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Thu Jan 24, 2013, 12:02 AM

Roe v. Wade: how did this decision influence you personally?

Last edited Thu Jan 24, 2013, 02:02 AM - Edit history (1)

For me, the right to have an abortion was never the central issue. At the time it passed what impressed me most was that women were considered free-will humans. The ERA amendment was languishing and eventually died out but we women did score a significant victory with Roe v. Wade. After Roe, I noticed a slow but steady acceptance of women in authority.

Of course these days we have some pols determined to put us back in our place, but the Roe decision helped lessen the sting of losing the ERA fight.

What about others here?

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Reply Roe v. Wade: how did this decision influence you personally? (Original post)
Gormy Cuss Jan 2013 OP
Warpy Jan 2013 #1
kestrel91316 Jan 2013 #2
KT2000 Jan 2013 #3
mountain grammy Jan 2013 #4
Permanut Jan 2013 #5
REP Jan 2013 #6

Response to Gormy Cuss (Original post)

Thu Jan 24, 2013, 12:09 AM

1. It allowed me to relax

I have rotten kidneys and a pregnancy would have burned them out completely. If I'd lived through years of dialysis, I'd be on my second or third transplant, with years of waiting on dialysis between them. Roe v. Wade made sure I'd stay alive even if the birth control failed.

It never did, thank goodness. I had many friends who had abortions and a few who wrestled with the decision and kept the pregnancy. In all cases, they made the right decisions for themselves, their health and their lives.

The ones who chose abortion all lived through it, something that didn't happen before Roe. I lost a friend to a back alley abortion and she died a very hard death.

That's what the whole thing is about, allowing women to live.

Antiabortion laws kill women. That's the bottom line and always will be.

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Response to Gormy Cuss (Original post)

Thu Jan 24, 2013, 12:42 AM

2. I got up the courage to have sex three times when I was 17,

before I went off to college and got started on the Pill. (Yes, a condom was used)

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Response to Gormy Cuss (Original post)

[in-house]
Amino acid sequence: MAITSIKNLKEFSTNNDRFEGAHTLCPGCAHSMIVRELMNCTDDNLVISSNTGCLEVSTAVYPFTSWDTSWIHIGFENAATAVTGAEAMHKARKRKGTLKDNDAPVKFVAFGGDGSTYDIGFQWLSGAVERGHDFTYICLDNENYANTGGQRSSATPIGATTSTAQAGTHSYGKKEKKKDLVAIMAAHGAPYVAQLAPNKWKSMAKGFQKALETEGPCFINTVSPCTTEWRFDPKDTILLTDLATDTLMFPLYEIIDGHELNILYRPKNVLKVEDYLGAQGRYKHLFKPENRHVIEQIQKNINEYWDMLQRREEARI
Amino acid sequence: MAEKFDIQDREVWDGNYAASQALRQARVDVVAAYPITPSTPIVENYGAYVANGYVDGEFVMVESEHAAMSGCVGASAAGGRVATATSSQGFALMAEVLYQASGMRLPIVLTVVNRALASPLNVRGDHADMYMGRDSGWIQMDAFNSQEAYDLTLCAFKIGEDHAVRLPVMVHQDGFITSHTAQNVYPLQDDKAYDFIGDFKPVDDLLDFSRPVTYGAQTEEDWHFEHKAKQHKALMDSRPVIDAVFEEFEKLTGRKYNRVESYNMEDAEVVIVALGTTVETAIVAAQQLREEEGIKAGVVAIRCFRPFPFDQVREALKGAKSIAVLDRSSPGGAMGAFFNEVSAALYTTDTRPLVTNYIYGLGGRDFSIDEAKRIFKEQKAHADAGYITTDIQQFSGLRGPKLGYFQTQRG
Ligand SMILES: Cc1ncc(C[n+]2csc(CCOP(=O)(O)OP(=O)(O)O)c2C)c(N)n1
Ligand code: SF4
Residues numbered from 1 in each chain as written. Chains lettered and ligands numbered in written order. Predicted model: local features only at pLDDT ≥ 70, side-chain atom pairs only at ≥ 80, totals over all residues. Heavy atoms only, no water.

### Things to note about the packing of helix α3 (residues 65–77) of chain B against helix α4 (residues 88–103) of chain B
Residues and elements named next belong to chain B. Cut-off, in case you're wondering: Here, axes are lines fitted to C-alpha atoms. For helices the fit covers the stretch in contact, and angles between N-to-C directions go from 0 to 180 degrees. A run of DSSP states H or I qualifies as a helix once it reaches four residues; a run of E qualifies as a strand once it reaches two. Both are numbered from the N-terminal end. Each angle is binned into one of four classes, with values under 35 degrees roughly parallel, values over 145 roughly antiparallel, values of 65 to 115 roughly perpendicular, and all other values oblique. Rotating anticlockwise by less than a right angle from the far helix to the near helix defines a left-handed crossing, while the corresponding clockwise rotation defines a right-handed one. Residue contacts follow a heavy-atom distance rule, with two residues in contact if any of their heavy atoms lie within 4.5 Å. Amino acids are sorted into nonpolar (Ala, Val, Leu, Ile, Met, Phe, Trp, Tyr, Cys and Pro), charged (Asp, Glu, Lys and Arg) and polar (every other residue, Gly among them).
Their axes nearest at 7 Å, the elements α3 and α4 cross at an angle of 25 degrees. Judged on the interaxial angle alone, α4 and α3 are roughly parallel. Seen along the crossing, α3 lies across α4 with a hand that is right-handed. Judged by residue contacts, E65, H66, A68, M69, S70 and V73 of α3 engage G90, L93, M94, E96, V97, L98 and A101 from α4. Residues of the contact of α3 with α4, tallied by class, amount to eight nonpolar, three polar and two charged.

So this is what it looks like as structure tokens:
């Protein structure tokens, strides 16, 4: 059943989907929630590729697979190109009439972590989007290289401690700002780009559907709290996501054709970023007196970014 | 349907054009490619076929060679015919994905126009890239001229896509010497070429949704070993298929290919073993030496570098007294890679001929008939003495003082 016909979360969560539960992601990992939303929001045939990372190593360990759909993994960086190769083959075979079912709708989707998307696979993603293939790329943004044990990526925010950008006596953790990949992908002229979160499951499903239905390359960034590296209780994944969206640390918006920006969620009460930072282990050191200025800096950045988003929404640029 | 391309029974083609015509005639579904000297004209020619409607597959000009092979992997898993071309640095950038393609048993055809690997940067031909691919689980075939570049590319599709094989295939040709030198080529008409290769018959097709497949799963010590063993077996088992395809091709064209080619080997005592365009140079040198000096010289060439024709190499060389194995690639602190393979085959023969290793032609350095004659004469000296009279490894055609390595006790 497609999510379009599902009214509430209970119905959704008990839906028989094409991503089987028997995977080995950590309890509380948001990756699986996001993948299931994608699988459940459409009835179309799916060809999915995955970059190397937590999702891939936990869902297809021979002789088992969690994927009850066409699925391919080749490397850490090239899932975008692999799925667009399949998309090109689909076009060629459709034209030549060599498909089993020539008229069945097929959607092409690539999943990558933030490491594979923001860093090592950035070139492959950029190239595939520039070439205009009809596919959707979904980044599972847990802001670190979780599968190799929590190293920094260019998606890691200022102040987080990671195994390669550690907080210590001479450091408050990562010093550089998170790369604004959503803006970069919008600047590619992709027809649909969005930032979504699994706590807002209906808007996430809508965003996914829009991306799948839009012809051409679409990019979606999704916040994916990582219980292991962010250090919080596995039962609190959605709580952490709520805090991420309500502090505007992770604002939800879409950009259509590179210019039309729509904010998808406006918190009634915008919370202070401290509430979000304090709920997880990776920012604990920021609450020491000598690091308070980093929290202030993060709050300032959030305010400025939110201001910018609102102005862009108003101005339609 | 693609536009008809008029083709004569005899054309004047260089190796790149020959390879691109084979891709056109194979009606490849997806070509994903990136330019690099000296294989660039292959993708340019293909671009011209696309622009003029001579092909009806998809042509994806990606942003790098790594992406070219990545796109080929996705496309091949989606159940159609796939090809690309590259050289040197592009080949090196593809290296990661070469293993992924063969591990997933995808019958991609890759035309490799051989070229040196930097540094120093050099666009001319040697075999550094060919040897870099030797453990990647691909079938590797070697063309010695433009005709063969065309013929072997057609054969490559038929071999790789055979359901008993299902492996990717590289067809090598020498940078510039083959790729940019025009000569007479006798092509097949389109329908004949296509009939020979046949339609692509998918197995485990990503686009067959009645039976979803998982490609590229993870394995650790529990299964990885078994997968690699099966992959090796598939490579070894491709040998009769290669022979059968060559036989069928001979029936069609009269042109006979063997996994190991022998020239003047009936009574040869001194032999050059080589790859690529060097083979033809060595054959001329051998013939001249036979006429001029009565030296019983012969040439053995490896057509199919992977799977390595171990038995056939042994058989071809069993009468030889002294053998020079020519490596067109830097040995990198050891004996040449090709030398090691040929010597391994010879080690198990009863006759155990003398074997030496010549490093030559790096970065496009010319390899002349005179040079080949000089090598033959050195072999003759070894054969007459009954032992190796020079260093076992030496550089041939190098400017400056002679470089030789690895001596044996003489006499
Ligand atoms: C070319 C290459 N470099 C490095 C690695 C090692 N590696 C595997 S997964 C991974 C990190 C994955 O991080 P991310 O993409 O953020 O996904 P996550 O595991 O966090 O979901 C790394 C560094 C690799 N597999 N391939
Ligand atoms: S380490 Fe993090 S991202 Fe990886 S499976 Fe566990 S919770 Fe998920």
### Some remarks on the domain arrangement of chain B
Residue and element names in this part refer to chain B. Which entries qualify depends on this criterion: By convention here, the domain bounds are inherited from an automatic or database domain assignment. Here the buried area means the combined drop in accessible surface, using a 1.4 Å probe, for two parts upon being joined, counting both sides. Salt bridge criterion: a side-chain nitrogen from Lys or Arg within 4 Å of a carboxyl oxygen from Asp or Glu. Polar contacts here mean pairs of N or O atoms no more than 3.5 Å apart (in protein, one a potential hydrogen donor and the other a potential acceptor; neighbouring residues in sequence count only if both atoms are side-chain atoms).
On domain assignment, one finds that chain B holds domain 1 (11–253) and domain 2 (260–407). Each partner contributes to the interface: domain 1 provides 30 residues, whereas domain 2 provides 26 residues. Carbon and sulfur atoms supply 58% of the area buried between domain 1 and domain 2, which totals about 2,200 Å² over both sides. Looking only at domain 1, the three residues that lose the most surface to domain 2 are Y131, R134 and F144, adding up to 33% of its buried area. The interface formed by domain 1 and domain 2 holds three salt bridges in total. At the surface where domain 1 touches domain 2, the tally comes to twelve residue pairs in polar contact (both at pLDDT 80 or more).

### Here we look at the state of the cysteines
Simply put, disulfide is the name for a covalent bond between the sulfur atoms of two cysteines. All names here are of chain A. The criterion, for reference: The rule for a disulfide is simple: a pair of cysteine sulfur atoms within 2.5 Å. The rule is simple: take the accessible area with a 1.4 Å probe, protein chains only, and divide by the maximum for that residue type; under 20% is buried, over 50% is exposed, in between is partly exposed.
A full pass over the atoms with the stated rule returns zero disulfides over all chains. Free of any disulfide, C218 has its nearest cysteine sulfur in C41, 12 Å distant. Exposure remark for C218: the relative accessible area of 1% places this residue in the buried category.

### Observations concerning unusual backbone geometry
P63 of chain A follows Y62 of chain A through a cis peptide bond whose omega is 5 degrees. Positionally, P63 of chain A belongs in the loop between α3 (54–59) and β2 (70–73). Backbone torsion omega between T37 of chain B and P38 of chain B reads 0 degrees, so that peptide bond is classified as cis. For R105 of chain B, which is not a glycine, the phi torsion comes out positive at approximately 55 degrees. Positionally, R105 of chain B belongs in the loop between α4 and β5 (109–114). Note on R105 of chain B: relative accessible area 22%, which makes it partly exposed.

Thu Jan 24, 2013, 12:44 AM

3. Before Roe v Wade

we had a doctor who believed in a woman's right to choose. He conducted abortions in a clean, medical facility. The authorities went after the women they could find that had abortions in his clinic and tried to convince them to testify against him none would. When Roe v Wade became the law of the land I was personally relieved because it meant they would not come after me - though I would never have testified against him.

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Response to Gormy Cuss (Original post)

Thu Jan 24, 2013, 01:21 AM

4. I was in my early 20's with 2 young sons, working in a hospital lab in NY.

The state of NY had legalized abortion before Roe, so it was already a topic of discussion, especially in the lab, where we did lab work for women having a D&C procedure. The small hospital in a small city performed , many procedures partially because we were close the Ct. border, where abortion was illegal. Our pathologist was adamant that this was a privacy issue and she told us we were not to discuss private medical procedures outside the laboratory and to basically keep any objections to ourselves. When one lab tech said she thought abortion was murder, our pathologist said, no, murder is the death of a woman at the hands of some butcher in a back ally abortion. She said she had performed too many autopsies on woman who had died in this horrible manner.
Let me tell you something, my fellow women. Until Roe, women had no rights. Until women had the right to decide what happens to our own bodies, we had nothing.

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Response to Gormy Cuss (Original post)

Thu Jan 24, 2013, 01:35 AM

5. It was common knowledge in the 1950's in Portland, Oregon..

that a doctor Ruth Barnett was doing abortions every day, and made a lot of money doing it. She did them correctly, and the local police and city administrators mostly looked the other way. There was a tacit understanding that she was saving lives by providing an alternative to the "back alley abortion".

She served time twice in Multnomah County jail, and once for "a stretch" in the women's state prison in Salem, but never lost the conviction that she was providing a necessary service to the women of Oregon.

After Roe v. Wade, the black cloud was at least partially lifted from her and the other abortion providers, and it was apparent to me, even as young as I was then, that Roe v. Wade had not opened the floodgates of abortion; they were happening anyway, and the local women were just fortunate to have Dr. Ruth Barnett to help them using medically sound practices.

Overturning Roe v. Wade would not stop abortions; it would make them more dangerous, because not everyone would have a Dr. Ruth Barnett to turn to.


http://www.oregonlive.com/O/index.ssf/2009/08/early_portland_abortion_provid.html

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Response to Gormy Cuss (Original post)

Fri Jan 25, 2013, 09:18 PM

6. I was 8. I remember my mother and grandmother literally cheering when it was announced

It means I've never had to worry about dying from an illegal abortion.

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